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04 • 30 • 2021

Activist Spotlight: Cliff Kapono Surfrider Board Member

By Surfrider Foundation

This Asian American/Pacific Islander Heritage Month we are celebrating our activists, friends, colleagues and like-minded organizations from within the Surfrider network. Throughout the month we will recognize those who inspire us and celebrate the achievements they've made to help protect our ocean, waves and beaches, while supporting beach access for all.

Q: Please give us a brief introduction about yourself. 

Aloha! My name is Cliff and I am a professional surfer who uses science to promote environmental stewardship. I am born, raised and currently reside in Hawai‘i. 

Q: What is your current role with Surfrider?

I am currently an ambassador and board member for the Surfrider Foundation.

Q: Why and when did you get involved with the Surfrider Foundation?

I can’t really recall when I first started getting involved with the Surfrider Foundation, but I’ve always been a fan of clean oceans. I vividly remember being in elementary school when I first saw the commercial that Surfrider put out called “clean cool water.” It was the first time I saw professional surfing alongside environmental messaging. I would say it still holds an impact on me today. 

Q: How has your unique experience as someone from the Pacific Islander and Hawaiian community framed your perspective as an activist and as part of the Surfrider network?

Being from an island is probably the biggest privilege I have. I would say many of us are exposed to the realities of resource management and also social solidarity. It seems that the Surfrider network very much values these perspectives and I hope that I can share this with as many people as I can.

Q: Do you have any experiences where the Pacific Islander and environmental movements have intersected?

For as long as I can remember, we have been engaged in social and political movements to protect our islands. Here in Hawai‘i, there was a profound movement in the late 1800s and early 1900s called the Hui Aloha ʻĀina. It was a highly political group of Hawaiian nationalists that set out to reinstate the Hawaiian Kingdom. It is interesting that the translation of this party's name can be loosely described as “love for our land.” Environment was always a part of our history even in the political space.

Q: What are some local issues that are affecting your ocean, waves and beaches?

Ocean accessibility is a big issue here in Hawai‘i. I humbly believe that providing safe public spaces for our community is one of the best ways to protect it. Here in Hawai‘i, land ownership is one of the biggest issues we have that is affecting our coastlines. Through mismanagement and private land ownership, few interests have taken precedence over a larger community goal. Issues involving sea wall construction, waste water pollution and agricultural runoff, cannot be rectified unless we talk about coastal land privatization.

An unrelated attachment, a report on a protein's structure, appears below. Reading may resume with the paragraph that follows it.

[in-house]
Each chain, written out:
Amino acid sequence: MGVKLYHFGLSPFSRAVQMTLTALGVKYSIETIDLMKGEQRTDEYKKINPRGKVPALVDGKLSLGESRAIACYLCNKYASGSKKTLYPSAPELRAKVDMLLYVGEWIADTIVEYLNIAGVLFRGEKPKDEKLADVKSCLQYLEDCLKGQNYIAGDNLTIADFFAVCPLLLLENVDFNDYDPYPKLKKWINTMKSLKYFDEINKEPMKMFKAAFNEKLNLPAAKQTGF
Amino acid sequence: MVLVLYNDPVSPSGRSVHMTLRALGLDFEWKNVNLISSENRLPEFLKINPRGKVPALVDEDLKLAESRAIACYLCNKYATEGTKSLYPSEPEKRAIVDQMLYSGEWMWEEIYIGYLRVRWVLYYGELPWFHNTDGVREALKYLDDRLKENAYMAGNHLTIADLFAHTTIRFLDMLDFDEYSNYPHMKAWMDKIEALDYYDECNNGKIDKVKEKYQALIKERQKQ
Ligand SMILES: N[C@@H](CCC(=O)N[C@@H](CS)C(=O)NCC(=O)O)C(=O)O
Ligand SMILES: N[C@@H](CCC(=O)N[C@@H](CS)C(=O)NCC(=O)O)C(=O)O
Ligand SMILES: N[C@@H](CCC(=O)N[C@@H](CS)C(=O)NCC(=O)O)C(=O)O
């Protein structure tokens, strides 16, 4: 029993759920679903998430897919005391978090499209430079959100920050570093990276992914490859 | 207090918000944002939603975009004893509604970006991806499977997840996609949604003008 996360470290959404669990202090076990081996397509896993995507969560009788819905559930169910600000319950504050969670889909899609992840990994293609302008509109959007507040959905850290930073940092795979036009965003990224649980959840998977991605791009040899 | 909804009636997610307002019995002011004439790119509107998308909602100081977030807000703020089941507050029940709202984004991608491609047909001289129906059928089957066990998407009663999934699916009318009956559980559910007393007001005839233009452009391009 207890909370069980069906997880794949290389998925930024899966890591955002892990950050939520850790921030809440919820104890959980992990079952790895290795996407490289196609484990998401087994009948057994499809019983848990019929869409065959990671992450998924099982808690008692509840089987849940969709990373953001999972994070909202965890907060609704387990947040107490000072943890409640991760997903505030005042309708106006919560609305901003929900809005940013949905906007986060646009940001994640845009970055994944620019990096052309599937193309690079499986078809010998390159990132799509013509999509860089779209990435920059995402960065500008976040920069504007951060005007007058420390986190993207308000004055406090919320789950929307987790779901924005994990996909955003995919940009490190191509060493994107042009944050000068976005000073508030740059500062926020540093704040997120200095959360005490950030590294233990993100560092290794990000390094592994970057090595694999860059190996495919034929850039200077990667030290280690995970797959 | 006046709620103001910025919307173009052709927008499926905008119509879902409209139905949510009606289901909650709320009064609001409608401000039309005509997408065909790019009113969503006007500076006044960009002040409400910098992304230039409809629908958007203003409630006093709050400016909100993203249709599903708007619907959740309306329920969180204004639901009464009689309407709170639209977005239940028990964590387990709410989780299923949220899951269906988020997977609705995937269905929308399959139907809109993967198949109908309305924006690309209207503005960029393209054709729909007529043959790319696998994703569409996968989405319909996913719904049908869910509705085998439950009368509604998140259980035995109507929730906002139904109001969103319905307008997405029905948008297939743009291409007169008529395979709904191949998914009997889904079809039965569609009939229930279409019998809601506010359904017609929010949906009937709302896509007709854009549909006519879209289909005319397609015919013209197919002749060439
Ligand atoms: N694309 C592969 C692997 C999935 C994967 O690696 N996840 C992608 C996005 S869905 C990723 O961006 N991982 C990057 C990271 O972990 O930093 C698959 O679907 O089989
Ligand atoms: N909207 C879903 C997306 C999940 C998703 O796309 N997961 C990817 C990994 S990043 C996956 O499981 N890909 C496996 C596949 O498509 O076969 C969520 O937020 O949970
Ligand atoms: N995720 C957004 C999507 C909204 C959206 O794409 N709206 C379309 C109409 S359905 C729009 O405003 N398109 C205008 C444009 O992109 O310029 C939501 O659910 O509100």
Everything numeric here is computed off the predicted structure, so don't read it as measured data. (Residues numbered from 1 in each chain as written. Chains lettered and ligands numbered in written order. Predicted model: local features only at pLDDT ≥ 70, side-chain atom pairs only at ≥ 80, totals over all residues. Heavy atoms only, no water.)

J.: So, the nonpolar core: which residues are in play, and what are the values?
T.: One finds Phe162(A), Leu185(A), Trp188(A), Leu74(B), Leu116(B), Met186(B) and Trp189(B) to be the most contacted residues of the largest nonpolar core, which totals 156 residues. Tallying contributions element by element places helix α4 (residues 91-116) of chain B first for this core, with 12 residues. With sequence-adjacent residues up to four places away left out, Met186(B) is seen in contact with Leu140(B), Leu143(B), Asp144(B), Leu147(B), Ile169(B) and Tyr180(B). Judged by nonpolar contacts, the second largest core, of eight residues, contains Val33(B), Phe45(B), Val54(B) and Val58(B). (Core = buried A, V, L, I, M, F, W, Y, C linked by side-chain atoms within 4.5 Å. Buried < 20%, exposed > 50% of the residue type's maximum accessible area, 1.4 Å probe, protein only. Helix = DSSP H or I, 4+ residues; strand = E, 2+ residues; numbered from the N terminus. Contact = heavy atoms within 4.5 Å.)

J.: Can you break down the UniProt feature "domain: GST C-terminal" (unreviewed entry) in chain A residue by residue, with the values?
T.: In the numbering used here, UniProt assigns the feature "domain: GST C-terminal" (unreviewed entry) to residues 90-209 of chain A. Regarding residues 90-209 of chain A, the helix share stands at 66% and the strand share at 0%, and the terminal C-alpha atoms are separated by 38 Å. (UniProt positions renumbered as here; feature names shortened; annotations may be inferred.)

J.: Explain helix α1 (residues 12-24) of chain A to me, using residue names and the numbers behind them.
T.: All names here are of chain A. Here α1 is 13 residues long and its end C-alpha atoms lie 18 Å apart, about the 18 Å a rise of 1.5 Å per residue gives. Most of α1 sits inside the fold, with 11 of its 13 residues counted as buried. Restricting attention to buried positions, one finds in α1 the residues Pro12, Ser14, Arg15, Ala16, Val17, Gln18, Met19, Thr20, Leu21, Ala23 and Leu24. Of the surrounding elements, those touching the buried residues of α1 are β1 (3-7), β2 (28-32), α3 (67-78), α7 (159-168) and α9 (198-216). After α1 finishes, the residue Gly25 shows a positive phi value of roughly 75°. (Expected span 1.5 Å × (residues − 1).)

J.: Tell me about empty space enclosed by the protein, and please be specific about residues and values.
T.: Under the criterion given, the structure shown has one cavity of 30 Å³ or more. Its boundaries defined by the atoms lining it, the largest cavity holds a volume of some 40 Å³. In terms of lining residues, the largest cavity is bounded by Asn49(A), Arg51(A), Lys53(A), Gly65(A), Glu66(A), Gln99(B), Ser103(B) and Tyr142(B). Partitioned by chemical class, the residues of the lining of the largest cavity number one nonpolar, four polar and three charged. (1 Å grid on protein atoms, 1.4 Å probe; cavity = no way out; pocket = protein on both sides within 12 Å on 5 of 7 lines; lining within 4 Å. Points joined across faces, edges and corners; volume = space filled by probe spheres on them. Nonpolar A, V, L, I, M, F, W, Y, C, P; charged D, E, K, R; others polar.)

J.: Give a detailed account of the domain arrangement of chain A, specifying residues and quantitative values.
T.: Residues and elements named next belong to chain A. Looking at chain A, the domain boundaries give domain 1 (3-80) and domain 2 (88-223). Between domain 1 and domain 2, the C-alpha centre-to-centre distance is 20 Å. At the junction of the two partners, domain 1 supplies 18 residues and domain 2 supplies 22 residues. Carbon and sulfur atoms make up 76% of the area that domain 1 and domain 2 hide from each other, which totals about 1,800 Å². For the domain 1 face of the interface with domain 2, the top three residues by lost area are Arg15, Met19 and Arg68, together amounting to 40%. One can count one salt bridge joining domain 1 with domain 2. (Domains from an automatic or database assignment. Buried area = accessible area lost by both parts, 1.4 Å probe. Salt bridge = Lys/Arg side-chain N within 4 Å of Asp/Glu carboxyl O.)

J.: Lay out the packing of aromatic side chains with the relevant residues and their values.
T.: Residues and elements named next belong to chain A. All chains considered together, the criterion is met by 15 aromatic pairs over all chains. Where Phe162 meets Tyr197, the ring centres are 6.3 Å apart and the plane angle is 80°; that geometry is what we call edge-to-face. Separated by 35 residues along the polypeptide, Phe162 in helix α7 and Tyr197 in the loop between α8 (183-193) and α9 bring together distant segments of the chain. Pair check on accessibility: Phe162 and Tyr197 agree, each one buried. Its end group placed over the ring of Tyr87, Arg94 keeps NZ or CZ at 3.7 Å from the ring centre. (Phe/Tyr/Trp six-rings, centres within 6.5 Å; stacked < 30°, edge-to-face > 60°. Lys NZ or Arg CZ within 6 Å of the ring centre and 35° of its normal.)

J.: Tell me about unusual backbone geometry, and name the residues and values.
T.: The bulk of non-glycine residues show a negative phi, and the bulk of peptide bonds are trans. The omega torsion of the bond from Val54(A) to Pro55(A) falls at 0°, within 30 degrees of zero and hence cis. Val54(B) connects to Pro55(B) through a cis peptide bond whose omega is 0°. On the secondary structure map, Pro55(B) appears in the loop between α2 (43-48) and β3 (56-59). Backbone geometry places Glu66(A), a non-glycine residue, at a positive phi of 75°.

Q: What Surfrider projects or committees have you worked on?

As an ambassador for Vissla, I have been on a few product projects with Surfrider over the years. As a new board member, I am actively looking to work on Surfrider being more inclusive and relatable to border audiences.

Q: What has been the highlight of your Surfrider experience (i.e., campaign, program, event, victory)?

I think the Coastal Recreation Hill Day changed my life in profound ways. It helped me to feel comfortable in the uncomfortable political space and empower me to participate in community decisions.

Q: What's been your experience being a surfer and/or ocean enthusiast as someone from the Pacific Islander and indigenous Hawaiian community?

As a kanaka maoli person, I very much identify as being someone of the ocean. It is beyond gender, race, religion or political views. It means so much to so many people here. It also brings a sense of accountability and responsibility. I also feel that even though there is a strong global perception of what Native Hawaiians were, there still remains the misinterpretation of who we are today, especially in the surf industry. I believe that this also permeates into the environmental sector. I hope that my work with Surfrider can help push past some of those discrepancies. 

Q: What is the most important thing you tell others about Surfrider?

Surfrider is about life on our planet and it is a great place to join in the conversation. As a society, we donʻt always agree with each other's opinions, but Surfrider should be seen as a safe place where we can come together and do meaningful work.

Q: Why is it important to you to sit on the Board of Directors for Surfrider? 

Sometimes important things come into our lives whether we feel prepared for it or not. Surfrider is the first and only board that I sit on and I would say that it is a very intimidating role to have. The board is composed of so many incredible humans that sometimes I question if my perspective is even warranted. But after seeing how the Surfrider Foundation operates from the inside, I canʻt think of a better organization to be a part of. It really is inspiring to see how many people care about our ocean from the board all the way up to the volunteers. 

Q: Anything else you'd like to share with our network about your journey?

I think Surfriderʻs biggest work lies ahead of us. Itʻs going to be an uphill battle, but one that is full of purpose. Iʻm honored to be a part of the journey.